During my 2 years working in the bank in Victoria I worked at Belmont (Geelong), Charlton, Kaniva, Maffra, Maryborough, Orbost, Seymour, Swifts Creek, Tangambalanga, Tongala, Toora, Warragul, Warrnambool, and in Tasmania at Launceston and Moonah (Hobart). I also worked at a number of Melbourne suburban branches.
The longest I stayed in one town was the 10 weeks I spent at Orbost in Eastern Victoria. It was a great spot, great country football with “pleasant Sunday mornings” spent at the local Footy Club. I stayed in a share house with two of the staff members. One of my jobs at Orbost was to get the Savings Bank ledgers up to date with interest accrual in preparation for computerization. It was a very repetitive job but as I enjoyed maths I actually enjoyed the work.
Probably since those days it has been my dream to one day travel right around Australia, stopping where I want, when I want, and for as long or short as I want.
We all know that life gets in the way of our plans and dreams, but I have never lost sight of my goal to one day retire, hitch up the caravan, or climb aboard a motor home and head off into the sunset.
As a child we never went camping as such. We had the odd holiday but never camping. As a teenager and early years of adulthood I experienced camping for the first time and thoroughly enjoyed it. Getting away for a weekend with a group of friends was so much fun and most long weekends saw me camping somewhere or other.
As a parent we took our children camping, especially when the kids were real young, and some of my happiest memories was camping with the kids. Two trips in particular spring to mind. The first was when the kids were real young and we had 2 weeks away in Esperance and Albany. To hold all our camping gear I borrowed a trailer from a mate, Kelvin Griffiths. The first week we stayed at a Caravan Park in Esperance, sleeping in 2 separate 3 man tents. Josh, Jacob and myself in one and Nathan and the boys mother in the other. We spent several days and evenings fishing off the jetty where I think it was Jacob that caught a sea snake. We then spent a further week just out of Albany.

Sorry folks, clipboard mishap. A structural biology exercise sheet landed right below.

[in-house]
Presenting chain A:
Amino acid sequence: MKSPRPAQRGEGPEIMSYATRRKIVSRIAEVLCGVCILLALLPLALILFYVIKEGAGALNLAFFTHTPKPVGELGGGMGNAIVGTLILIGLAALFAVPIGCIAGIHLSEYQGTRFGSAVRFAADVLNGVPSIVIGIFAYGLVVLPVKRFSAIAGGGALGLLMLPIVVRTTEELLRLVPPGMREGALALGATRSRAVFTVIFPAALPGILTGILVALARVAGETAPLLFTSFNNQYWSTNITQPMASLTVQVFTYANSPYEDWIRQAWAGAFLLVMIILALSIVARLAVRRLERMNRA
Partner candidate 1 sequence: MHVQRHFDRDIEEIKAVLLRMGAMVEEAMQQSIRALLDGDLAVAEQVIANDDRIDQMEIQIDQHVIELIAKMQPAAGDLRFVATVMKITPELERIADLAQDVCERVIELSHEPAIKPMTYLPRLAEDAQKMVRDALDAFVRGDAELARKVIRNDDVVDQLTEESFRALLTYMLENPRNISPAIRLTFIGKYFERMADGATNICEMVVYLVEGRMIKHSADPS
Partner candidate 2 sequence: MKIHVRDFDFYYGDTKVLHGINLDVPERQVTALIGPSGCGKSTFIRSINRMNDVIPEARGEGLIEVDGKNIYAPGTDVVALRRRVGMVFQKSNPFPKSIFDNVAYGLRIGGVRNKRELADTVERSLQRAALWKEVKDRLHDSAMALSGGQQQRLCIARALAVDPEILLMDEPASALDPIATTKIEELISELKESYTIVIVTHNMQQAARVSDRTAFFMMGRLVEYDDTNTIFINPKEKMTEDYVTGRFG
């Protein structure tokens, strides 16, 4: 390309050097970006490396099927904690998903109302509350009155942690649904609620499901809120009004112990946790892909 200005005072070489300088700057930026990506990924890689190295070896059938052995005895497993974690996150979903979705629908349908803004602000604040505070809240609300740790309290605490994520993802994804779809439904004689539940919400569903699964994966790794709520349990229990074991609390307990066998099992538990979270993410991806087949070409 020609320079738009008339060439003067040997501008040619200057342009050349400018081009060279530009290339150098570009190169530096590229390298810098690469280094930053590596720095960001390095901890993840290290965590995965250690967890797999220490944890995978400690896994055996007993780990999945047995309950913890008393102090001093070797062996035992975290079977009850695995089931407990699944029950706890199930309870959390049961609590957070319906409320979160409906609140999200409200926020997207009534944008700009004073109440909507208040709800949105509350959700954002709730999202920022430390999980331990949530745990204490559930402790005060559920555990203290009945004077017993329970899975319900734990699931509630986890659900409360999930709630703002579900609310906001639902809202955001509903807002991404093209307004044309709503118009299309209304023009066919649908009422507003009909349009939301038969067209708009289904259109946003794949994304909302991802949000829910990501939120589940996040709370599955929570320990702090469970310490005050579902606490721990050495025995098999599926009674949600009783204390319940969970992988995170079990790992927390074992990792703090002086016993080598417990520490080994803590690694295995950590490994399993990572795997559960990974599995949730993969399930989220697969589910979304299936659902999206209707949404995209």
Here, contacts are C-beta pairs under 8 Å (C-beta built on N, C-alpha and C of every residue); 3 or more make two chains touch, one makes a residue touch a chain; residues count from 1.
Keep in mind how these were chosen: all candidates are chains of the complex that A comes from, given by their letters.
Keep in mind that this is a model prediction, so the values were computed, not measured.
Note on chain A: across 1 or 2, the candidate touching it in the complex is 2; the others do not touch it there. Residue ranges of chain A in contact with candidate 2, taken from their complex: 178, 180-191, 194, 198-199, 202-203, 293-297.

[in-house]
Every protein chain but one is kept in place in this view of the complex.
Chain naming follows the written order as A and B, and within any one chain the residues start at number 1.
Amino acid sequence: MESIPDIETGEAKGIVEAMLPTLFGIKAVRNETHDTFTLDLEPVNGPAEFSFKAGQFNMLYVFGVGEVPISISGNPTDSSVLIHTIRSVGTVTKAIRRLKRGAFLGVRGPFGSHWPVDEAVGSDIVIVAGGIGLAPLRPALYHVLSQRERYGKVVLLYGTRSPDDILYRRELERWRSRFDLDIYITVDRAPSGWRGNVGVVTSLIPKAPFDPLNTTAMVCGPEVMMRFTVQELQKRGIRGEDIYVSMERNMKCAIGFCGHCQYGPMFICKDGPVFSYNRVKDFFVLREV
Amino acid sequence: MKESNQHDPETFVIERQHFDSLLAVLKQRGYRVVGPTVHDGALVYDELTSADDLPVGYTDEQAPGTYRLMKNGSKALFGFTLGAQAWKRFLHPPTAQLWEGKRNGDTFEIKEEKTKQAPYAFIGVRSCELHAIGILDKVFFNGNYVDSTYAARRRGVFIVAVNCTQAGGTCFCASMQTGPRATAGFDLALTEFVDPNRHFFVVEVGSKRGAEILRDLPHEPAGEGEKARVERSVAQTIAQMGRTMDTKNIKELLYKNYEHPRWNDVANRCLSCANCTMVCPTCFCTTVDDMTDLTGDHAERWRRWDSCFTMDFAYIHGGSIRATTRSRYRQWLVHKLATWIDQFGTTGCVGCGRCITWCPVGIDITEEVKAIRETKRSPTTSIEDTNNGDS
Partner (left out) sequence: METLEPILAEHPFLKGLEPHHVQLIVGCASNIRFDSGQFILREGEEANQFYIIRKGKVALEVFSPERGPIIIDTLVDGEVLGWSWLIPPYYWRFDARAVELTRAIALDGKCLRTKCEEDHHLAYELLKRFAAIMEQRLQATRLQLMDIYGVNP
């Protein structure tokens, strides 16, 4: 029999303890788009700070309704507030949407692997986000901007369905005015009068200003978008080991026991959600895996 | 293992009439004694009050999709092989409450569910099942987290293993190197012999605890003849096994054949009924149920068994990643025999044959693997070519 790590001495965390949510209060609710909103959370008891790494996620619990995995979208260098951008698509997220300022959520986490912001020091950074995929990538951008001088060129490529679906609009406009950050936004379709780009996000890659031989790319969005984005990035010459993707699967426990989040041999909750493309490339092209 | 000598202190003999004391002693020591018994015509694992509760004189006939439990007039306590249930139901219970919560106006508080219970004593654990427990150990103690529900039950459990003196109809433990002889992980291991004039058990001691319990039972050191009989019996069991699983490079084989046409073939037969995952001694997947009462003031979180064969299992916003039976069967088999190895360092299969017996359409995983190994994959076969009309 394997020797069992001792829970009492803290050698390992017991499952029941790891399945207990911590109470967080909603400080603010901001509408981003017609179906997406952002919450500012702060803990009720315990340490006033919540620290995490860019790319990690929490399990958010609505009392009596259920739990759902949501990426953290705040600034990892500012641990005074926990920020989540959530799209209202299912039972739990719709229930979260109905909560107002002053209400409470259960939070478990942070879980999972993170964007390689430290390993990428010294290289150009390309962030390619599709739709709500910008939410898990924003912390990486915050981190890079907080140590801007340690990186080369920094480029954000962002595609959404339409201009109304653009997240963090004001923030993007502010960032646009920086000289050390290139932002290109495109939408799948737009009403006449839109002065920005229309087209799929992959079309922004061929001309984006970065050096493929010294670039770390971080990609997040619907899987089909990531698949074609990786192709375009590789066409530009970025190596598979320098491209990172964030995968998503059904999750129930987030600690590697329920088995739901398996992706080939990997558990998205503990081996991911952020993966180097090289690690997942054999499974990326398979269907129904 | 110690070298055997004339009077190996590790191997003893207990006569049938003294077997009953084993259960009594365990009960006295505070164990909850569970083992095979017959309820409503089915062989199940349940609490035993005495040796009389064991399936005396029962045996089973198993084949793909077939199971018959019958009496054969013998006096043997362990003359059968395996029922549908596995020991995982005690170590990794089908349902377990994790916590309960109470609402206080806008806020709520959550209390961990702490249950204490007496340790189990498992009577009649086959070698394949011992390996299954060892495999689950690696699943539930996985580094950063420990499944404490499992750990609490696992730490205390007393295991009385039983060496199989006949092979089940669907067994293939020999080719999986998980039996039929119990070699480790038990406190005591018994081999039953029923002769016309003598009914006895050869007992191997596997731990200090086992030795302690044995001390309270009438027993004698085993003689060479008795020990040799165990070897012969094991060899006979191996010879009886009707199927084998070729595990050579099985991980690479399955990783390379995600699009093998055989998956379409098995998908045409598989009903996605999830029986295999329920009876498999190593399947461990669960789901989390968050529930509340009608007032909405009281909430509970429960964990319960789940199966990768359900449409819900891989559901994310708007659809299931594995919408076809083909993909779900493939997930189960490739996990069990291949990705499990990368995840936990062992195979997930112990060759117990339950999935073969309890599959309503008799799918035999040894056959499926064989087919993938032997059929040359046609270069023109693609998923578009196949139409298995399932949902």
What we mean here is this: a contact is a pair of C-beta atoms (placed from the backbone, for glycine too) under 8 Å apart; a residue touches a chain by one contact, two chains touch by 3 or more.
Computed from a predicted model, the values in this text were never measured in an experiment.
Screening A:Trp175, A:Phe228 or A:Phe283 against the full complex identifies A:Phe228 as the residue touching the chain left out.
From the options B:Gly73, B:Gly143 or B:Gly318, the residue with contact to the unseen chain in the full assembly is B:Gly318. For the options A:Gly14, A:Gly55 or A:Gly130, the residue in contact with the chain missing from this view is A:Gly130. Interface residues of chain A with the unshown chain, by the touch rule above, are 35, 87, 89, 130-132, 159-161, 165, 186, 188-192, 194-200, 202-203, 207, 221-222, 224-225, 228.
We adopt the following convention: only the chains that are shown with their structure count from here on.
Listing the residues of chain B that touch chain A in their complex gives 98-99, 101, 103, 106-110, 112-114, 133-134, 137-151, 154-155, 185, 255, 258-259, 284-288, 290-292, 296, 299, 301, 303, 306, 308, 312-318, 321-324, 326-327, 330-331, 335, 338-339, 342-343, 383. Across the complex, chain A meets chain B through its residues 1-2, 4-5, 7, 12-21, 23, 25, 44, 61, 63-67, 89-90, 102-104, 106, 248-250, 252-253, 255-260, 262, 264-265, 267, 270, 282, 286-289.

Another trip was when the kids were a lot older and we did a road trip from Perth to Kalbarri and Coral Bay during the July school holidays. We took 2 vehicles, the family sedan and my Ford Econovan. The van carried all the camping equipment and even our kitchen freezer. With 2 adults, our 6 kids plus a school friend of our eldest daughter it must have been a sight watching us set up our two site camp with 5 tents circling our kitchen area. We had a week in Kalbarri and a week in Coral Bay. Coral Bay remains my favourite camping spot on the West Coast of Australia.
So as the years have flown by the dream of unrestricted travel has remained. In recent years a number of friends and others that I know of have commenced their Grey Nomad life. Some just venturing away for an extended weekend or maybe a week. Others have ventured further afield whilst some have done “The Big Lap” over a period of 12 months or more and yet others have completely sold up everything and hit the road permanently. Some have retired, brought the 4WD and caravan and sadly, passed away before they got out of the driveway. RIP Bill.
I have always said that I don’t want to do it when I am “too old” to enjoy it. It takes courage to sell up, pack up and hit the road indefinitely.
So with all these things in mind and a belief that it is now or never, I have decided to “hit the road” when I turn 60. To allow for contingencies, both financial, family and otherwise, 60 can be anywhere between actually turning 60 on 3rd September 2019 and 2nd September 2020, the day before I turn 61.
As I write this blog, D Day (Departure Day) is scheduled for Saturday 4th July 2020.
That is 1500 more sleeps!
If you are interested in following my adventures, from the motivation, planning and implementation phases through to the actual trip, then bookmark rayaroundoz.wordpress.com as I count down to D Day.